Traffic, a sunrise, cheeseburgers and a front-porch sunset

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My wife and I left the house at 3am and it definitely wasn’t fun getting through all the Memorial Day traffic on that Friday. I’ll admit that I was grumpy for much of the drive but I’m so glad we went. I touched a fishing rod about 10 times throughout the day. I sat behind the center console and just watched and enjoyed my dad and wife catching fish with our old friend, Mack. I get to fish whenever I want to and I wasn’t worried about catching anything that day. I just wanted to watch my 69-year-old dad have a good time and laugh with my wife.

I’ll never forget watching my dad smile in the sunrise as we ran under Brown’s Bridge. I had my hat backwards and my favorite fishing hoodie on as I looked to my left at my beautiful wife wearing one of my old fishing sweatshirts… and she was smiling as big as the ocean is wide. Our old buddy Mack was smiling, too.

And you can bet your butt I was grinning like a mule eating briars.

It was just a perfect fall-like day in the summer and I don’t believe I’ll ever forget any detail of it. Those are the moments, in my mind, where fishing takes a very distant backseat. I was just taking mental snapshots of three of my favorite people.

Once our great trip came to an end, my wife and I sat in our car and I waited for my dad to pull out of the boat ramp parking lot. I could tell she was ready to leave but I needed to see my dad’s truck pull out for some reason; you just never know when it’s the last fishing trip. As I watched him slowly ease out of the Old Federal Boat Ramp, I got a little choked up. I know he had a great time, I know he wishes he could do it every day and it was tough to watch him leave the “happy place” he hadn’t visited in 18 years.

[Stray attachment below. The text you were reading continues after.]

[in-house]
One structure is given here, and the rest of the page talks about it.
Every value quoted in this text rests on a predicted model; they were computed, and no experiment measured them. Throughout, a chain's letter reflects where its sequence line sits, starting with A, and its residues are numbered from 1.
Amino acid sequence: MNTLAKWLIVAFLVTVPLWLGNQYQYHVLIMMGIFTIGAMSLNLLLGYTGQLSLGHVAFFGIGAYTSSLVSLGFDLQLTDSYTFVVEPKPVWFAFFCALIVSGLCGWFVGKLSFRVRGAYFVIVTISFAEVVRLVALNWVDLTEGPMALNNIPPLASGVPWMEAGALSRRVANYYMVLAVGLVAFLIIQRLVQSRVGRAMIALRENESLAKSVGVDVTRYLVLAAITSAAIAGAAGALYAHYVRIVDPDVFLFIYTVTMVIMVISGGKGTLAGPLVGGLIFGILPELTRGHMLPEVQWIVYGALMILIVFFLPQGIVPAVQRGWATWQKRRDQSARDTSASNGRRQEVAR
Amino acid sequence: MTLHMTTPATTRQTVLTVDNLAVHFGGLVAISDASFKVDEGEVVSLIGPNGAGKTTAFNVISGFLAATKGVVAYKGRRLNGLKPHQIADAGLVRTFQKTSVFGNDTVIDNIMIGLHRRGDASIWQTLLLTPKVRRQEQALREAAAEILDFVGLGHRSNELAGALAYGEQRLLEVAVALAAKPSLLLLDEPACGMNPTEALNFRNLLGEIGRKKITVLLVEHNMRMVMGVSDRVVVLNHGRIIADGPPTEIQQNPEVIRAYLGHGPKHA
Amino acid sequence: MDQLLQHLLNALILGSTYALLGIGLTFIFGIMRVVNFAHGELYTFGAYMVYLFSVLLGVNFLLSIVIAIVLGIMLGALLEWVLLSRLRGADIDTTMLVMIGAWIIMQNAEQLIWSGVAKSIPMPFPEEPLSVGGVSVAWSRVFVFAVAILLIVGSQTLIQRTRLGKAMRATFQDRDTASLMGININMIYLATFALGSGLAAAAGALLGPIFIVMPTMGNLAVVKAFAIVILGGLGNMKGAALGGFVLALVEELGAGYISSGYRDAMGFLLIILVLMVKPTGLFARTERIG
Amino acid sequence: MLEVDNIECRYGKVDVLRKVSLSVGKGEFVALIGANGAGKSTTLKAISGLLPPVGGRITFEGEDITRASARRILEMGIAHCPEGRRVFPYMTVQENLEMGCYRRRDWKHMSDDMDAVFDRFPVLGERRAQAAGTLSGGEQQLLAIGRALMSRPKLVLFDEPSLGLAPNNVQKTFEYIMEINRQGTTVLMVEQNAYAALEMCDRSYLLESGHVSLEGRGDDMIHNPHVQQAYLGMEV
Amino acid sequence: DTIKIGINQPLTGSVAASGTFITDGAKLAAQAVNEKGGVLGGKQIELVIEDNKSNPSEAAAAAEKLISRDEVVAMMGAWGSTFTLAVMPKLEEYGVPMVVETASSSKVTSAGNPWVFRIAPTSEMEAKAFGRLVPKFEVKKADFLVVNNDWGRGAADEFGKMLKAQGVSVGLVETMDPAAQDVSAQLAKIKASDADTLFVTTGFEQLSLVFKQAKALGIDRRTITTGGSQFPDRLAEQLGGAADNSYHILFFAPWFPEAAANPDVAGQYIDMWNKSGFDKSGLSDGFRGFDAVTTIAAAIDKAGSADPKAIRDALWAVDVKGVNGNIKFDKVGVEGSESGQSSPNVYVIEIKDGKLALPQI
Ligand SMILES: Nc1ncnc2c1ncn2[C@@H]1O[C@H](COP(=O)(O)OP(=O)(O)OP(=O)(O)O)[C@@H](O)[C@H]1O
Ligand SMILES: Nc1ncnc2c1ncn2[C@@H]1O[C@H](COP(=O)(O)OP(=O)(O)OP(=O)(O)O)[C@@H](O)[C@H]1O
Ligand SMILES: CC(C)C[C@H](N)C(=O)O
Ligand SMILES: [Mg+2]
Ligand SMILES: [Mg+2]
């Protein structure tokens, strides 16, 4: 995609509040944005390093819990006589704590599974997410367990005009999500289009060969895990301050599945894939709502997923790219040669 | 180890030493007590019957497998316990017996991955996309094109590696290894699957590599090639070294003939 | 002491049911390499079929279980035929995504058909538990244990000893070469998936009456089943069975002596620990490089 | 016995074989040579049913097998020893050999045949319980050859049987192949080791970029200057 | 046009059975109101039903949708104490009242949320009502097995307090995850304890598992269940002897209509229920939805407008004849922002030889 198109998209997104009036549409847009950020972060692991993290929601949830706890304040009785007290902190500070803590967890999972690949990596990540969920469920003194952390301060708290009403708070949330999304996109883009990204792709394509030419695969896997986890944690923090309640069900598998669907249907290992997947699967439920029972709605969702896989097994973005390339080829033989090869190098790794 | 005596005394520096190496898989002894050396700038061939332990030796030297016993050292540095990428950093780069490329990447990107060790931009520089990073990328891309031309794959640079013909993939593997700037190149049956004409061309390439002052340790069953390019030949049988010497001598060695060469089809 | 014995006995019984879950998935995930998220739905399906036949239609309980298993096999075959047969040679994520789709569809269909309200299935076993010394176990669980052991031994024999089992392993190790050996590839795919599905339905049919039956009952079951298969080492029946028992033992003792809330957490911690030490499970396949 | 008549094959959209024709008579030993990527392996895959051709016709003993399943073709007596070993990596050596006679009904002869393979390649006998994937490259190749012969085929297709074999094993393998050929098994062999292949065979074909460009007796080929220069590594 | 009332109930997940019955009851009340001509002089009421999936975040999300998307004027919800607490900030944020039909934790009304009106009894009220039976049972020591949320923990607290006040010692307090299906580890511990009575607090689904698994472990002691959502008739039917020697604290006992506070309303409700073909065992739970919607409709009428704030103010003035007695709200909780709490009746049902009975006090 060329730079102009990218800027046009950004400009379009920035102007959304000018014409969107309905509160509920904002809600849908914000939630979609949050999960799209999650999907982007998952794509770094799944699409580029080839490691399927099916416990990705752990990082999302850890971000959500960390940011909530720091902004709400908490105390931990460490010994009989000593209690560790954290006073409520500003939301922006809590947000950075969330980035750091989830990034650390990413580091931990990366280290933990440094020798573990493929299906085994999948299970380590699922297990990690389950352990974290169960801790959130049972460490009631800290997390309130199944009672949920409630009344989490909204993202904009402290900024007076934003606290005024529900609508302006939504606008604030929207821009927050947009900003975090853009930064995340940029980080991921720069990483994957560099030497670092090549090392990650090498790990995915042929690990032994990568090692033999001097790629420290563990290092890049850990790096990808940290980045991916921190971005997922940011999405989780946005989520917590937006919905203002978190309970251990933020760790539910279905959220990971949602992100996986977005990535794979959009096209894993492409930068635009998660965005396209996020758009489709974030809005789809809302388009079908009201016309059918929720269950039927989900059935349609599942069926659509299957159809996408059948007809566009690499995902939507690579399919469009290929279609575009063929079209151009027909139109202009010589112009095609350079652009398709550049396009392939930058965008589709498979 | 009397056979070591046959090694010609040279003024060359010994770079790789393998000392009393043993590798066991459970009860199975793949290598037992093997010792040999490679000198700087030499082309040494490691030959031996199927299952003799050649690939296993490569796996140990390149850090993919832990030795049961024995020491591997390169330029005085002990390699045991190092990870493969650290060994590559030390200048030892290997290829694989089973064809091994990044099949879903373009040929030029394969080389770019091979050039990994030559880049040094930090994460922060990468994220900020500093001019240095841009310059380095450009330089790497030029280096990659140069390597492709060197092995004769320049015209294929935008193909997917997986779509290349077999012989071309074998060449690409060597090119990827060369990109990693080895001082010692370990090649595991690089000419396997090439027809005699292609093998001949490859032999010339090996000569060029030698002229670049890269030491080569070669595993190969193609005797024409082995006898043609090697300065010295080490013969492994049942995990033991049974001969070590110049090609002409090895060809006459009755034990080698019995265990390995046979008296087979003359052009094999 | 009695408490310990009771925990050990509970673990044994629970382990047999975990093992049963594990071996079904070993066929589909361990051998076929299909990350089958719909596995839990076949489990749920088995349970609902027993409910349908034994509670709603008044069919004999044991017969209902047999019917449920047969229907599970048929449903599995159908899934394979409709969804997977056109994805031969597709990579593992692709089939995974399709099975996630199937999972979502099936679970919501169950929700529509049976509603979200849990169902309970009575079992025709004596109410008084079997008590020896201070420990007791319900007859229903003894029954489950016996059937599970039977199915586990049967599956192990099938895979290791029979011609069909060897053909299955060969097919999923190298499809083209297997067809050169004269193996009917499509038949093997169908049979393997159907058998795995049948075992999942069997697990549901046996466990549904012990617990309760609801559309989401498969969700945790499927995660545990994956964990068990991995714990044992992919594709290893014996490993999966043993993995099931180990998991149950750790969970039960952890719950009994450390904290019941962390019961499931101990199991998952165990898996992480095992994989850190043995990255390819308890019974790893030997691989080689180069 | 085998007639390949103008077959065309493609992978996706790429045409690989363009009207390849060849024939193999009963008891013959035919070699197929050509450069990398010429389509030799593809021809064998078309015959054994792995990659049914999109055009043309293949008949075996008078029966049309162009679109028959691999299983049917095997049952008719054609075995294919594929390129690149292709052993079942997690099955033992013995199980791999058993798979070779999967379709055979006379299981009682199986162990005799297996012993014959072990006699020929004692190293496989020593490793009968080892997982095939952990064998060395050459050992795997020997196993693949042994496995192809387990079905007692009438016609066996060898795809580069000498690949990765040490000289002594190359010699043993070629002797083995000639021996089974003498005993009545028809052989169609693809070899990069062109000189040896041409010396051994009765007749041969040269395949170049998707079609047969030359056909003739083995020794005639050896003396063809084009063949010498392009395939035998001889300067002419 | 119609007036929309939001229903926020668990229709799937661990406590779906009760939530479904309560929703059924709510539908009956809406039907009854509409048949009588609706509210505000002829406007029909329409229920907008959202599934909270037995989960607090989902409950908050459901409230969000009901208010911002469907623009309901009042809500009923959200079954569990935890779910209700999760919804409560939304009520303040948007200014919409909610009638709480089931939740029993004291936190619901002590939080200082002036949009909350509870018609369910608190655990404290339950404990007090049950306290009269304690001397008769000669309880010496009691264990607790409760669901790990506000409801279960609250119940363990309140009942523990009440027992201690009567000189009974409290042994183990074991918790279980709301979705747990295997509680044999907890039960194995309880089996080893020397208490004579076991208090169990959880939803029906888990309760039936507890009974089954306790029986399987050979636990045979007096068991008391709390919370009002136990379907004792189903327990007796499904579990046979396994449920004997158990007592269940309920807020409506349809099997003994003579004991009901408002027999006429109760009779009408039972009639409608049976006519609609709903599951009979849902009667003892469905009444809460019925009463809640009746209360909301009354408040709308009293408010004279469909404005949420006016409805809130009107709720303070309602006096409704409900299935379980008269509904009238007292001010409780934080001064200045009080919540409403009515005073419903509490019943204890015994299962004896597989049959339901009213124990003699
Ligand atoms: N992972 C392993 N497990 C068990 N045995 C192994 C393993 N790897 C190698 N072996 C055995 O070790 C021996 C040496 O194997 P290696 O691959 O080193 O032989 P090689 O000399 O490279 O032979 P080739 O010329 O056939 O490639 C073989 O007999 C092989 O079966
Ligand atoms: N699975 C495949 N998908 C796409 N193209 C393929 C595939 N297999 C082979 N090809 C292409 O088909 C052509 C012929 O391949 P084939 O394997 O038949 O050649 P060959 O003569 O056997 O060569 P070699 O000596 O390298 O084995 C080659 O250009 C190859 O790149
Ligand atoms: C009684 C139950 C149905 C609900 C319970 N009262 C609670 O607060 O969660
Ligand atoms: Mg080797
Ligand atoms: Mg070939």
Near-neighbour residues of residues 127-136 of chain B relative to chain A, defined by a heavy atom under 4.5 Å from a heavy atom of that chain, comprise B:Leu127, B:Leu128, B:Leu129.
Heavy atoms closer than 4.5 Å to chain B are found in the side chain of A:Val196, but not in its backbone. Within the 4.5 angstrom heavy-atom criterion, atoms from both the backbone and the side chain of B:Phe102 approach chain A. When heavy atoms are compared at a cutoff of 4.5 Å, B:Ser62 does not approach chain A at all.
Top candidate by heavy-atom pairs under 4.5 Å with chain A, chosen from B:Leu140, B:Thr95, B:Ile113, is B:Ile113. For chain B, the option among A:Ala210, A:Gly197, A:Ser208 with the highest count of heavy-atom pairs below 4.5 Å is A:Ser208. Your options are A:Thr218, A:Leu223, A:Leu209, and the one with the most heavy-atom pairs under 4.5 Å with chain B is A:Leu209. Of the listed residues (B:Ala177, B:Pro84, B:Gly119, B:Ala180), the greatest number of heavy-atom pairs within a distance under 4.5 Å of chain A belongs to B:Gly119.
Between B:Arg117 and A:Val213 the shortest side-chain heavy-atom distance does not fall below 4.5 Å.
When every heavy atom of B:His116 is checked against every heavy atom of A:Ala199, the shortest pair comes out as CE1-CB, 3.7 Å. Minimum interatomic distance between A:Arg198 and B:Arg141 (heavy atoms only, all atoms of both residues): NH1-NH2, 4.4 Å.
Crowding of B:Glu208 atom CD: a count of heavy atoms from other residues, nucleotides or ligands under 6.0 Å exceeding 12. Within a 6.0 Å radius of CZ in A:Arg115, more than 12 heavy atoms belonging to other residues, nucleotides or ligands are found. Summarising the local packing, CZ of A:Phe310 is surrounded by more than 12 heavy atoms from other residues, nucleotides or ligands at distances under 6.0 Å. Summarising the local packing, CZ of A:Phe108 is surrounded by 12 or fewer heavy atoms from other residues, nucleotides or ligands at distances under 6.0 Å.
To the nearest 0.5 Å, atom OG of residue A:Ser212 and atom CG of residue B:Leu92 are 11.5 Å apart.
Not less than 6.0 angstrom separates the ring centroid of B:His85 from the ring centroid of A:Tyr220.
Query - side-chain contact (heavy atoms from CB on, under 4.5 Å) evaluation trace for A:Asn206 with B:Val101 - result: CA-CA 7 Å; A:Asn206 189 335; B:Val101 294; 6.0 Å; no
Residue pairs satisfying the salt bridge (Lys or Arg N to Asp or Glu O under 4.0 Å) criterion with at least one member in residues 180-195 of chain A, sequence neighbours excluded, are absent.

When my wife and I finally got home after dealing with that crazy Atlanta-area Memorial Day traffic, we were absolutely toast. We pulled into town around 7pm, grabbed two cheeseburgers from the local Dairy Queen, stumbled in the door, inhaled our food and she got right in the shower. Within 30 minutes of finishing our fast-food supper, my sweet girl was asleep.

I was absolutely exhausted too, but I couldn’t make myself go to sleep. I turned on the Braves game (I haven’t missed a single game in almost 20 years), grabbed a cold beer from the fridge and walked onto our front porch. The sun was setting over the lake, my girl was asleep with our cat snuggled next to her and I had just had one of the best days of my life. As the remaining scent of early summer honeysuckle wafted over my right shoulder and I sank into a rocking chair, I reflected and wiped an occasional happy tear from my eye.

Dad won’t live forever.

Neither will I.

How many times in life do we get a chance to focus on what really matters, put our careers aside and just be human beings? Not nearly enough, if you ask me.

That day of fishing will be etched in my memory until the day my ashes are returned to the earth. My dad’s smile in the sunrise. My wife’s giggles as she reeled in a giant catfish. Mack’s calming presence and advice. The nostalgia of years past. Dairy Queen cheeseburgers. A lake sunset from our front porch. A cold beer. The most beautiful woman I know fast asleep in our bed.

And it was all because I said the word “yes”.

I encourage you to do the same when afforded the opportunity.